Epiq, Ryuk ransomware, and shared responsibility

Epiq’s cybersecurity attack started with a TrickBot infection that led to it being hit by the Ryuk ransomware, computer help Bleeping Computer has reported, citing a source in the cybersecurity industry. It’s a timely reminder that just because data is in the cloud doesn’t guarantee its safety.

The New York-headquartered company took down its systems on Saturday 29 February, subsequently publishing a statement to confirm that it had been hit by ransomware, had taken its systems offline, and was working with a third-party forensics team. It also informed federal law enforcement authorities.

According to Bleeping Computer and other sources, the Epiq network became infected with TrickBot malware in December. TrickBot is spread through phishing emails. Once installed it harvests passwords, files and cookies before opening a reverse shell to the Ryuk operators, who after gaining administrator credentials, deploy the ransomware.

Epiq’s corporate website is back up and running but a spokesperson for the firm said that the company’s only comment at this stage is the statement it published at the start of this week.

The attack against the Saas eDiscovery giant is being heralded as the latest example of the need for cybersecurity training but also a reminder of the shared responsibility model and the obligation of customers to ensure that their data in the cloud is safe.

The shared responsibility model was introduced by Amazon and saw Amazon puts the onus on customers to close the data security loop in their own environments. As Cloudcheckr says: “Simply put, Amazon is responsible for the security of the cloud, while the customer is responsible for security in the cloud.” This model has been adopted by other cloud providers.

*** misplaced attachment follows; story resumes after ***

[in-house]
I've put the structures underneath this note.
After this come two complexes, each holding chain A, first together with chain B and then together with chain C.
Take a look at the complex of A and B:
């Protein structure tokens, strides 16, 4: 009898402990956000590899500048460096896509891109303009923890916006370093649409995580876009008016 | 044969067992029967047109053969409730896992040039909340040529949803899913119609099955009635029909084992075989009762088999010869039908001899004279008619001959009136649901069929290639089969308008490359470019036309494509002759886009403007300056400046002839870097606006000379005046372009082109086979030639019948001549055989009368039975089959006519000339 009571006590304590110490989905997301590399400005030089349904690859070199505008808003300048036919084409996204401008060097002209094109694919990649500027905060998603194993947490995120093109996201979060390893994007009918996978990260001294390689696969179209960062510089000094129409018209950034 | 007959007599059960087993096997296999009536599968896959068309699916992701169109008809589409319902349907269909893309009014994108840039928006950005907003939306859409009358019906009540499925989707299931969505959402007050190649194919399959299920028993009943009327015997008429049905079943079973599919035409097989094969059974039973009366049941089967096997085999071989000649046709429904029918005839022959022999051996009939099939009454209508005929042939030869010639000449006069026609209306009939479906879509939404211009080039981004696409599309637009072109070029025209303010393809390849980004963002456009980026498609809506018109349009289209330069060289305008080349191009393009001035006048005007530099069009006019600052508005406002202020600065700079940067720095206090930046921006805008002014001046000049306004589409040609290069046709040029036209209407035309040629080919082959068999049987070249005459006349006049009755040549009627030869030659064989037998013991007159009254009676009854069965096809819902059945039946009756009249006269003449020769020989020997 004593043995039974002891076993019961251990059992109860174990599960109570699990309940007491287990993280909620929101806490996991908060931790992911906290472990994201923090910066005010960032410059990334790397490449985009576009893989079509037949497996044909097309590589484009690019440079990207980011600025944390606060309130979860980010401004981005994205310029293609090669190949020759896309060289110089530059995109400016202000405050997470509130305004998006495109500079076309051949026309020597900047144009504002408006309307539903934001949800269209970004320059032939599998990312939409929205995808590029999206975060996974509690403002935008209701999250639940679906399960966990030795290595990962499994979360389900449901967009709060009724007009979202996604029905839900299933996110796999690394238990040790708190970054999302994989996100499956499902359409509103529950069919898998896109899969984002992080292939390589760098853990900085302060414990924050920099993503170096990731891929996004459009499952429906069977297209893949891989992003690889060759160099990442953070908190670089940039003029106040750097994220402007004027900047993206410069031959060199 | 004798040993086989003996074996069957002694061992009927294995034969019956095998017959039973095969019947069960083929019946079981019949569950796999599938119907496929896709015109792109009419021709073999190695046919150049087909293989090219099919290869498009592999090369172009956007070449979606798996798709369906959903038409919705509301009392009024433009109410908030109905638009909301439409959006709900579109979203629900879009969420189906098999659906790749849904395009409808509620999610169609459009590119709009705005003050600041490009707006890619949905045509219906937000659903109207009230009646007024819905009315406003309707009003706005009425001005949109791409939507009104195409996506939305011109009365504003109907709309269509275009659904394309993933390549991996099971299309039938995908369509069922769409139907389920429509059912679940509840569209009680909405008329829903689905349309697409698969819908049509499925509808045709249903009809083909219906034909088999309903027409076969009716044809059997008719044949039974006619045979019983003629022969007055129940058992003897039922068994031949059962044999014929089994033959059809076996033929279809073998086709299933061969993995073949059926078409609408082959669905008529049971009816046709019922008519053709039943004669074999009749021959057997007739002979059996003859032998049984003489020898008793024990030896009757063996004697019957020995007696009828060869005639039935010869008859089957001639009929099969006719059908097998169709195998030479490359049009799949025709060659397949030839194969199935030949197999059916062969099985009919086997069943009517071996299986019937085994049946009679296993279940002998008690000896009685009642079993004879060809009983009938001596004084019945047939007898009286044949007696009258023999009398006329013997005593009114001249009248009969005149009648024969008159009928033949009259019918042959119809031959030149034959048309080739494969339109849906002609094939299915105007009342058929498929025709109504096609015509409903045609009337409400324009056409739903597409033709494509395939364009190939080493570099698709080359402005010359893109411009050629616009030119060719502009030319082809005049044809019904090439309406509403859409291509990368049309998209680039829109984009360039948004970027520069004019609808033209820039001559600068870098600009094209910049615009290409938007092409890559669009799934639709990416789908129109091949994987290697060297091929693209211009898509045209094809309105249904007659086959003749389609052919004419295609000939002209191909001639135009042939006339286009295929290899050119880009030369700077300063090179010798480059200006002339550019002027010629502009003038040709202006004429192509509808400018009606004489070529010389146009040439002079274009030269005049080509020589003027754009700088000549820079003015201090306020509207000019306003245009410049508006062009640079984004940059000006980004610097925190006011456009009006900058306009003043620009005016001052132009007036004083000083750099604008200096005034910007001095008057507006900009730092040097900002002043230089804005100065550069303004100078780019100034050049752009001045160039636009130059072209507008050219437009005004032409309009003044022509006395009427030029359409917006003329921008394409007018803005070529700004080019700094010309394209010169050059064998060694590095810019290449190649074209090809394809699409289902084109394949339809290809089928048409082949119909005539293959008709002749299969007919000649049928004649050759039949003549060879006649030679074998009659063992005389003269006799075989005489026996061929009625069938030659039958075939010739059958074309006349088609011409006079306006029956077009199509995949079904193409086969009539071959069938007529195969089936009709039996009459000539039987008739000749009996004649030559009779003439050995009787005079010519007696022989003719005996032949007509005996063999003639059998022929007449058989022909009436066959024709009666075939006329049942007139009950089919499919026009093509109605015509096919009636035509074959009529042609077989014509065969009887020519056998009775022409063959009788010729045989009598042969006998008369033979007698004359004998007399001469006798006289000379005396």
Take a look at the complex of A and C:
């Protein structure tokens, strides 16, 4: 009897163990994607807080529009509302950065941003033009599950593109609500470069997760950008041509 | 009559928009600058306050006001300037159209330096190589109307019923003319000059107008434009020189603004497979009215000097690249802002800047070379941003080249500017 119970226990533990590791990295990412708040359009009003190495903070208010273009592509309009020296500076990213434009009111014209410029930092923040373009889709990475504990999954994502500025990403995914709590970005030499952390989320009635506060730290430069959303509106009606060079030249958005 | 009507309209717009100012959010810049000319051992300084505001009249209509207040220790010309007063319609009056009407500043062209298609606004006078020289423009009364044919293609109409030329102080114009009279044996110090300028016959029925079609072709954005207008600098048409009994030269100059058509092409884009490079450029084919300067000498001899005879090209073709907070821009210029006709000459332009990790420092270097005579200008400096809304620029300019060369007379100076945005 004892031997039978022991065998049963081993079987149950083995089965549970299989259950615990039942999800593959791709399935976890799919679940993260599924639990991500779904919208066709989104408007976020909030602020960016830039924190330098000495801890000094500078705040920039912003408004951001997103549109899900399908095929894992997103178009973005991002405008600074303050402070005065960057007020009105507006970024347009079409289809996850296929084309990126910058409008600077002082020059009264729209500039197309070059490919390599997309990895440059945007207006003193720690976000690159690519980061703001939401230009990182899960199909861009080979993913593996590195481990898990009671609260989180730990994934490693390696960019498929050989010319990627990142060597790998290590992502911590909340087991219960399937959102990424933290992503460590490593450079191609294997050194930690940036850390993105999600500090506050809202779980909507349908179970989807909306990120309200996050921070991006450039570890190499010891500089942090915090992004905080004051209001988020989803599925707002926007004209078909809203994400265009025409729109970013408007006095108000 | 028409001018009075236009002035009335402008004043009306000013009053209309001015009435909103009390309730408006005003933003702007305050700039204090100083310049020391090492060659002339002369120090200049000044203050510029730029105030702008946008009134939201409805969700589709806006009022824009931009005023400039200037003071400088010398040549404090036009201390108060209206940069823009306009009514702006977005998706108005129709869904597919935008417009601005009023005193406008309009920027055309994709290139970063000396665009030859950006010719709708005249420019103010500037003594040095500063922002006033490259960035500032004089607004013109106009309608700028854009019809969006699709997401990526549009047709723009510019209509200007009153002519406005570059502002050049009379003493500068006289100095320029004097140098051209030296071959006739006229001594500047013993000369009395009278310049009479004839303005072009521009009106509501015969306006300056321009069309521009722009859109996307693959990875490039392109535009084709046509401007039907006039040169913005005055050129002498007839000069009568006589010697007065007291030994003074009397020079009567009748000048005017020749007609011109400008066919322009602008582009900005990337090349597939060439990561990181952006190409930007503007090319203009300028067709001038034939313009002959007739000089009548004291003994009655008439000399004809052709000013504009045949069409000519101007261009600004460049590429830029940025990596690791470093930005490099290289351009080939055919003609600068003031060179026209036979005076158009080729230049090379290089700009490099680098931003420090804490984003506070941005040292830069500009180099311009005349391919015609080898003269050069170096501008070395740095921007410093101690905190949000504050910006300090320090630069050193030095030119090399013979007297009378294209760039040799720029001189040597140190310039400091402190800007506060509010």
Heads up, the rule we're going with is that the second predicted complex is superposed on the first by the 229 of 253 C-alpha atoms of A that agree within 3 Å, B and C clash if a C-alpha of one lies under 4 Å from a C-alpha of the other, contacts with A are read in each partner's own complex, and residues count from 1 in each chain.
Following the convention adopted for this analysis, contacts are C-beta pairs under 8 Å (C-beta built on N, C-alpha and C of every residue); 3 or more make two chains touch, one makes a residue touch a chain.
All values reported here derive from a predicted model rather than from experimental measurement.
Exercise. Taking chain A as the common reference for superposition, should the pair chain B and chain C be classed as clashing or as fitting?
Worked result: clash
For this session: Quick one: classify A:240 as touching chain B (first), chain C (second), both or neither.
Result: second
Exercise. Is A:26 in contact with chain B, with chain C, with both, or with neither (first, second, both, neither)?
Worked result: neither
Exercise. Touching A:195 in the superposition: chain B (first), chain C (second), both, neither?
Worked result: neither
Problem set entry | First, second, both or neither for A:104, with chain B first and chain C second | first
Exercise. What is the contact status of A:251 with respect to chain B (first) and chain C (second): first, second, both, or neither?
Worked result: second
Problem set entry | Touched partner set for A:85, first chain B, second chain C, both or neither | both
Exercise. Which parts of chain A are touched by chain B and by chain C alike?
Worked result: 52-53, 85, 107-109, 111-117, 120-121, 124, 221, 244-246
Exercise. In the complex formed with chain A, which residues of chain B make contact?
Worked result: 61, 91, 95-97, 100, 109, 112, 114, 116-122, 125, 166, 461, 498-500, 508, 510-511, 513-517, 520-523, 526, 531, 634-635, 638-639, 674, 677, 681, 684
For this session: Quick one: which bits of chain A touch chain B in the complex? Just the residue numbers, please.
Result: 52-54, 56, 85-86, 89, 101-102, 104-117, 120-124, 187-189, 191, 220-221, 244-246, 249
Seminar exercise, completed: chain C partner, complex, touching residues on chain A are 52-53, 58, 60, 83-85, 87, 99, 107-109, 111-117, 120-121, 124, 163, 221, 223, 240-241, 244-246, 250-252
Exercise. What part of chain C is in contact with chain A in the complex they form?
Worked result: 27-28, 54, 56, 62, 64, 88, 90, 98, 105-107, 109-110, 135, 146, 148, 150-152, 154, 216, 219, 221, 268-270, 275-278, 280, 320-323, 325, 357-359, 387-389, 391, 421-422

Writing on LinkedIn, Jason Thomas, chief information officer at Cole, Scott & Kissane said on 4 March:

“Epiq’s corporate website is back up after the the Trickbot / Ryuk ransomware took down their 80 global offices, but, customers still do not have access to their eDiscovery data. No one is fully immune to ransomware, even with the best next-gen antivirus or “AI” based intrusion detection systems. While it’s easy to point all the blame on Epiq, customers have an obligation to ensure their data is safe. Just because “it’s the cloud”, it doesn’t guarantee the data is safe or take away our security responsibilities. This is the crux of the shared responsibility model. Your leaky AWS buckets are not Amazon’s fault, they’re your fault. And, you have every right to ask your cloud vendors what their security practices are, what systems they’re running, what security frameworks they follow, what certifications they have, what type of backups they run, what type of replication and failover systems are in place, how often they test backups and DR procedures, what their RTOs / RPO’s are, and, most importantly, ask for a copy of your data that you control and test regularly. I am very cloud forward but cannot ignore my responsibility to protect my firm’s data and the livelihoods of our employees and clients.”

See also:

Epiq takes systems offline after ransomware attack